Tasmota vs ESPurna vs ESPEasy -
getting the firmware

I’d like to share some of my experiences getting and flashing one of the precompiled firmware options and will also explore a process of building your own firmware to better suit your needs.

Getting firmware for your board

Precompiled binaries

As mentioned in previous post, all 3 options (Tasmota, ESPurna and ESPEasy) offer pre-compiled binaries, so you can just download the image you need and get going very fast.

Tasmota, offers 2 main variants of the firmware: minimal image (only good for initial flashing) and one-size-fits-all image (with all features turned on). Later is actually provided for every language variant, so there are 1+4 images provided, but logic stays the same.

Images are located here.

ESPurna offers 52 different pre-compiled images, to exactly match your need. Have Sonoff Basic module? Get espurna-1.11.3-itead-sonoff-basic.bin. Added DHT sensor to it? Get espurna-1.11.3-itead-sonoff-basic-dht.bin. You get the idea.

While this might be interesting in the beginning, it’s also a bit of annoying as some combinations might not be available, so you are left with no choice but to compile your own.

Repository of images is available here

ESPEasy also comes precompiled, and is offering 3 everything-included images, made for different flash sizes your boards might have (they offer firmware for 1M, 2M and 4M flash boards, conveniently named 512, 1024 and 4096… why? because!). They also include upload tool for Windows in the archive, together with a source tree of ESPEasy, which makes is quite convenient for flashing.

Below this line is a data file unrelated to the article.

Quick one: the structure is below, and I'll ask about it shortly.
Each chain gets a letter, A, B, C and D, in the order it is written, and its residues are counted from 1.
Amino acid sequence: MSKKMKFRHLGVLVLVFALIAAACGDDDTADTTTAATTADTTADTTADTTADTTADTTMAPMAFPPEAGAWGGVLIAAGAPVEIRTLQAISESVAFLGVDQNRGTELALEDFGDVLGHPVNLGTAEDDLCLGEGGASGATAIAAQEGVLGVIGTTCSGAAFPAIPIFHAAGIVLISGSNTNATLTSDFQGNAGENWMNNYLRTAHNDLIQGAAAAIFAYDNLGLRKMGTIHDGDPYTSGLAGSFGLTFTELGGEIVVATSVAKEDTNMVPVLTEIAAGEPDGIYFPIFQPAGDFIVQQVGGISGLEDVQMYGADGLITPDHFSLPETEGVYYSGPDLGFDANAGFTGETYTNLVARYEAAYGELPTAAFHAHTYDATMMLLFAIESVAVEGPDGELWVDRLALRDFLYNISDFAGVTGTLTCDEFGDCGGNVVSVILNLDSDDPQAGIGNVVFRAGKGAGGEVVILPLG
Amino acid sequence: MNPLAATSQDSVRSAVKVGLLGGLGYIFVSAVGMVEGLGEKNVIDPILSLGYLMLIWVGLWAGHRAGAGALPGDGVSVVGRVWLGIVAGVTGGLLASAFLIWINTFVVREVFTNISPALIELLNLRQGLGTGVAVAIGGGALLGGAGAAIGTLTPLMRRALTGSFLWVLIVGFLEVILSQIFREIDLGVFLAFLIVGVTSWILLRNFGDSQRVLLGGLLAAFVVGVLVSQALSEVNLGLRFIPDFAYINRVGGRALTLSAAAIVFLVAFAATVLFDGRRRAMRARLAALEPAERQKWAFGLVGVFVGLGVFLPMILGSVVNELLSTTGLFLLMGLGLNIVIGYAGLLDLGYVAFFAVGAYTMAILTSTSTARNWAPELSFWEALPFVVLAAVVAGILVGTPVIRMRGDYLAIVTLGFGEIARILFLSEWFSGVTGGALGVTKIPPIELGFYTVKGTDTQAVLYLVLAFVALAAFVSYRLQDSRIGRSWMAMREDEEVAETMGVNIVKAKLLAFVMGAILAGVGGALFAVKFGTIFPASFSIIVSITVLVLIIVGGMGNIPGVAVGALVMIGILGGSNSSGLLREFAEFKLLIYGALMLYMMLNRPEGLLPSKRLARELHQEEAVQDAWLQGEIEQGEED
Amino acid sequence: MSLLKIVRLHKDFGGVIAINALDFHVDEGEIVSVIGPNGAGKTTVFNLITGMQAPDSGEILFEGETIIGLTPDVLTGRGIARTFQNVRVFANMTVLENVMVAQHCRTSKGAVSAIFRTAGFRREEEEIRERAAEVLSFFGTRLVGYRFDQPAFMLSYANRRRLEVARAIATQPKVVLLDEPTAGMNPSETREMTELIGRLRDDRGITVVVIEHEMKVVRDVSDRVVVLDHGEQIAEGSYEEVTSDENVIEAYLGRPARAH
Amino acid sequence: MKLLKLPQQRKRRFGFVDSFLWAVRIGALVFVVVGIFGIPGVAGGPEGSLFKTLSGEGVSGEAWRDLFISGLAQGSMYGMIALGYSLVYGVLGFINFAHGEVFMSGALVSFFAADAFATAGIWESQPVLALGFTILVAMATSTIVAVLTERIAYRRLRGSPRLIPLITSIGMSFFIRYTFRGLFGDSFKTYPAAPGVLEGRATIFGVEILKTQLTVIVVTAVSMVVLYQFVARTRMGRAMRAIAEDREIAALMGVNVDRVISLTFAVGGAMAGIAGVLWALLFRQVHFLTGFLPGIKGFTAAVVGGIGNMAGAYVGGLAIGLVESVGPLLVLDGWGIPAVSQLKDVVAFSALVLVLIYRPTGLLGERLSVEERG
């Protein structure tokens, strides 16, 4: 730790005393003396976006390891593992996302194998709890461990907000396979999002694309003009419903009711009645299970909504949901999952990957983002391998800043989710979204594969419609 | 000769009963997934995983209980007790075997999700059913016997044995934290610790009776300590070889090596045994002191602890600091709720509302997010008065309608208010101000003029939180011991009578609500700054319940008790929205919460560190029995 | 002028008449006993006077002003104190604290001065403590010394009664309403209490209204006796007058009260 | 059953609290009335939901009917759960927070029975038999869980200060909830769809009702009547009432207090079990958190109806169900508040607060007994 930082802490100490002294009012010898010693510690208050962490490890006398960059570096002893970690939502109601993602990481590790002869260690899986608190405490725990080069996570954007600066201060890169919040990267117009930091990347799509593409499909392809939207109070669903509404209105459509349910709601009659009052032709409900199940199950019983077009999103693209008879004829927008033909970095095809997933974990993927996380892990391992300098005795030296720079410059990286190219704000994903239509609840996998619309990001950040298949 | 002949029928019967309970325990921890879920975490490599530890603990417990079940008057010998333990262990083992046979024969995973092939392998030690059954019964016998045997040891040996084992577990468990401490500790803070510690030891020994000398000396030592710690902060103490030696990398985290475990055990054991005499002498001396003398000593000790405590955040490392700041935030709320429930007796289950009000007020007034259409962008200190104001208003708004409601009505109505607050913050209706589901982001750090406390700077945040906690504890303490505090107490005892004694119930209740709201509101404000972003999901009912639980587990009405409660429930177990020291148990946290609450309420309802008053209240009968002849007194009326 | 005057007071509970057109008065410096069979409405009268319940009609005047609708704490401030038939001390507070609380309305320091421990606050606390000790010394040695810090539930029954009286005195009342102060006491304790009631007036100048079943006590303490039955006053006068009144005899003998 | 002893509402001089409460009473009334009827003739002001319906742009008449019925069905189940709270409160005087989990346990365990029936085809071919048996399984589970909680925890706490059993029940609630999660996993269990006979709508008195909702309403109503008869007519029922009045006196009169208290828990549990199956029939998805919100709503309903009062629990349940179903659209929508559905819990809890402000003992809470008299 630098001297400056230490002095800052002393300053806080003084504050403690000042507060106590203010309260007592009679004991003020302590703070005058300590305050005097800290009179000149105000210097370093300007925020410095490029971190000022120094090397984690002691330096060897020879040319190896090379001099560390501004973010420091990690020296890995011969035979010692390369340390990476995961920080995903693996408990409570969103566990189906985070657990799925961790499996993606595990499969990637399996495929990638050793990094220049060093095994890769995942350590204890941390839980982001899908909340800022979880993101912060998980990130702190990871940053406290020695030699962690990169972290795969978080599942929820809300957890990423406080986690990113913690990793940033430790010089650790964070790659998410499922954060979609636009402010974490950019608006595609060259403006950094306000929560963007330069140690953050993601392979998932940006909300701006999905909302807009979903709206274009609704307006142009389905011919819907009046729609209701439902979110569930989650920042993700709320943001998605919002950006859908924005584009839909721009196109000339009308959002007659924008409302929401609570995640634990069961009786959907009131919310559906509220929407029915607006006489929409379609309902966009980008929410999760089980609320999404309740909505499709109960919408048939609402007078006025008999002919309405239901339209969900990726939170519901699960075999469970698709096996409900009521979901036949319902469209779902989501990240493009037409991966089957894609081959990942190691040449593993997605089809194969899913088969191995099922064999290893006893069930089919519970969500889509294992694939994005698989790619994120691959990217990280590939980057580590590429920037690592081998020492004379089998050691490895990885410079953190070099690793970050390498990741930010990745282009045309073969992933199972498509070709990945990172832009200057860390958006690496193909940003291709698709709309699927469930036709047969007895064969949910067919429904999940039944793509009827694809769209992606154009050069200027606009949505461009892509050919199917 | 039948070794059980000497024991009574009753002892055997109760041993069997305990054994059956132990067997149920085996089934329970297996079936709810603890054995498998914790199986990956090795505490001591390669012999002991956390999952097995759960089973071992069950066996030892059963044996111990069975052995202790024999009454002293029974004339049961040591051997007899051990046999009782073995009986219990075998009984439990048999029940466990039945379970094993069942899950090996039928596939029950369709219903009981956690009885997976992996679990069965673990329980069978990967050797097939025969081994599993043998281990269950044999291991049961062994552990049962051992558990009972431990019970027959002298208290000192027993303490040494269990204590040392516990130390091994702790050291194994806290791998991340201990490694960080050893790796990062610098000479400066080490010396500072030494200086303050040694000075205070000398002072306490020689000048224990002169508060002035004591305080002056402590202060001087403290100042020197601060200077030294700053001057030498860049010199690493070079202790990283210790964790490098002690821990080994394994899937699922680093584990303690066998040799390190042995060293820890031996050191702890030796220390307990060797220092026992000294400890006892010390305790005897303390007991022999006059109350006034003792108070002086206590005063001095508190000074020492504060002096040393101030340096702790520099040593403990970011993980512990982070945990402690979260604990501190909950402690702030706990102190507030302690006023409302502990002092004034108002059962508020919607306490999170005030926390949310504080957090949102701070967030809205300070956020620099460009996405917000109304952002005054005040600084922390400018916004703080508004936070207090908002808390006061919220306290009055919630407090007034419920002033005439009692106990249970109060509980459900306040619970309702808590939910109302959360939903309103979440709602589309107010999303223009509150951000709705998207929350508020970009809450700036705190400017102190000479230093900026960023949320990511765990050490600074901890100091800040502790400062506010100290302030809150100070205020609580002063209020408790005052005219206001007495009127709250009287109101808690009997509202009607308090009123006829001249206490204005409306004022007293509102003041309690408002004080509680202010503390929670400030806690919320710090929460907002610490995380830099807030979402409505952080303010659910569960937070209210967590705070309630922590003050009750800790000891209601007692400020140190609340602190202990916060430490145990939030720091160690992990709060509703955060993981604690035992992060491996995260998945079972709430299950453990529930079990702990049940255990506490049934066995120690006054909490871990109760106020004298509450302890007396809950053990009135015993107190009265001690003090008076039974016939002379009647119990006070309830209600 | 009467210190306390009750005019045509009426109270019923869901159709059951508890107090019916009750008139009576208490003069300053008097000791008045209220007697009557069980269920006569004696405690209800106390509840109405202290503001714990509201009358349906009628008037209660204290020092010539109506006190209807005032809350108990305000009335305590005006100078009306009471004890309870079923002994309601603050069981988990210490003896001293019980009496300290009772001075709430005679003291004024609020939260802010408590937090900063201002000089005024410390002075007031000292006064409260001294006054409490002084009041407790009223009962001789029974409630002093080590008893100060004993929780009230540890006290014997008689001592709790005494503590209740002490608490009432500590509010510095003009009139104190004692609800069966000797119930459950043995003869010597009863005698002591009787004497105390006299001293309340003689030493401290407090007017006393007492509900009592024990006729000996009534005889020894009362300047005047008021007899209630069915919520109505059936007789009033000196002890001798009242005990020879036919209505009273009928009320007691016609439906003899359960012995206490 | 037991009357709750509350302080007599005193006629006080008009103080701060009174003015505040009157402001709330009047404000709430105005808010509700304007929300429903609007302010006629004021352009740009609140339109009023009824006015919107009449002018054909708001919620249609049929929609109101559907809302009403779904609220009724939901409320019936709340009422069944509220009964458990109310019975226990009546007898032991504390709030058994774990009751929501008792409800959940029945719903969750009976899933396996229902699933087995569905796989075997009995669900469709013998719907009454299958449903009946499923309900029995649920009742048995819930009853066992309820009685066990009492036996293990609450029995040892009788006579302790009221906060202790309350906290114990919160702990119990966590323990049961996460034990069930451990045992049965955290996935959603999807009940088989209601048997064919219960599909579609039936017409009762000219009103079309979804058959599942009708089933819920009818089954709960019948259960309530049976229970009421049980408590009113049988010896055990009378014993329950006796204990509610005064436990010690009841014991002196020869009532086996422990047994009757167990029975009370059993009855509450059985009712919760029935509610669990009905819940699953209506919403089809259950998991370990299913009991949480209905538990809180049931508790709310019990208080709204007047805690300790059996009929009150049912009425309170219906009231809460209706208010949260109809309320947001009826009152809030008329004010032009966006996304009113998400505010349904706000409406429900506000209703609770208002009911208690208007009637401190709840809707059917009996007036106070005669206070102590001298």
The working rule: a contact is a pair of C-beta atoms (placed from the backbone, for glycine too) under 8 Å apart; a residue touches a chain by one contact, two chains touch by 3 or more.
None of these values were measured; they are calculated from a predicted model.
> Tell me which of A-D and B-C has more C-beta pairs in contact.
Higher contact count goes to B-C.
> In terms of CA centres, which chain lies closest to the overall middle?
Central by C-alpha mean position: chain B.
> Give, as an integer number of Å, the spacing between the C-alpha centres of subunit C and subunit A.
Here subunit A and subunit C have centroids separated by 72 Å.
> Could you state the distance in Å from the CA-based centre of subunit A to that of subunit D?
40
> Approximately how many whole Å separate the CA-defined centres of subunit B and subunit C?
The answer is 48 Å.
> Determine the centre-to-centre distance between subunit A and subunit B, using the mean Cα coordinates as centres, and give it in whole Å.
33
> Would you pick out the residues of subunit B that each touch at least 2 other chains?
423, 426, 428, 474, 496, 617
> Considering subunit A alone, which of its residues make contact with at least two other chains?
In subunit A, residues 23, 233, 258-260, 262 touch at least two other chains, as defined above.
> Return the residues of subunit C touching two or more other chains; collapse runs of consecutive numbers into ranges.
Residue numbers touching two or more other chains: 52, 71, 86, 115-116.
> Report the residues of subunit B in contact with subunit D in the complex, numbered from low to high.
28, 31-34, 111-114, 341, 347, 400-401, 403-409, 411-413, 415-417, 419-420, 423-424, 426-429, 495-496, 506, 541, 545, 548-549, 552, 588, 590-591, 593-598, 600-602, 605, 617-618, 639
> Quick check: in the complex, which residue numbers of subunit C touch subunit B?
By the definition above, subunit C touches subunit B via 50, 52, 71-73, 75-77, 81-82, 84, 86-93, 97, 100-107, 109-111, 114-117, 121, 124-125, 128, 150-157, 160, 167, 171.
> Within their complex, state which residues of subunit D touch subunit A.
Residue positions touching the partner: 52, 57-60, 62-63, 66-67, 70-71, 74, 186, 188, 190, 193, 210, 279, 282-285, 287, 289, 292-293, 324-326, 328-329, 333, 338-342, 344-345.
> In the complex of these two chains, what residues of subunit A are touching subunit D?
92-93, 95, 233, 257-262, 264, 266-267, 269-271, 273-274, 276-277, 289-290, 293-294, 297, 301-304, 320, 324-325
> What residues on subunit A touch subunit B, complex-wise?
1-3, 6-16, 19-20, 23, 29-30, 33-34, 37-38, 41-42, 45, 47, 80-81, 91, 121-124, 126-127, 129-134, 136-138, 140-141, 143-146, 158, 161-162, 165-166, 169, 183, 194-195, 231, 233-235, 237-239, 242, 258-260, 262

Always fresh link to actual image archive is provided here

Compiling your own firmware

If you didn’t find what you like, or you would like to customize the image that you are going to load to your devices, you should consider compiling your own set of images.

Compiling your own firmware is not as hard as it seems, and, once you overcome the initial fear of it, will become your preferred method of getting new versions of the firmware.

All 3 firmware options prefer PlatformIO as development / build environment, and given it’s super easy to set up on all platforms, I’m not even considering alternatives. You’d need PlatformIO, git client, a bit of patience and literally few minutes to get all setup to build firmware from source.

For all 3 firmware, process boils down to:

$ git clone https://github.com/<project>.git
$ cd <project>
$ pio build

One of the rules I set for myself is not to have a dead-code compiled and uploaded to the devices, so I prefer images where I can choose exactly what I need. This way, images are small and upload fast, and I limit the interference of the code I don’t intent to run. In my day job, this is very important aspect of software design and usability, so I’m applying it to my home automation network.

So, before you actually build your images, you might want to change some of the parameters that will govern what options get compiled in your firmware.


Tasmota uses user_config.h and user_config_override.h to set a lot of options, including support for various modules, initial Wifi access parameters and similar. Most of the parameters are self explanatory and have comments on a side that would help you determine what you should change. If not sure, don’t change defaults :)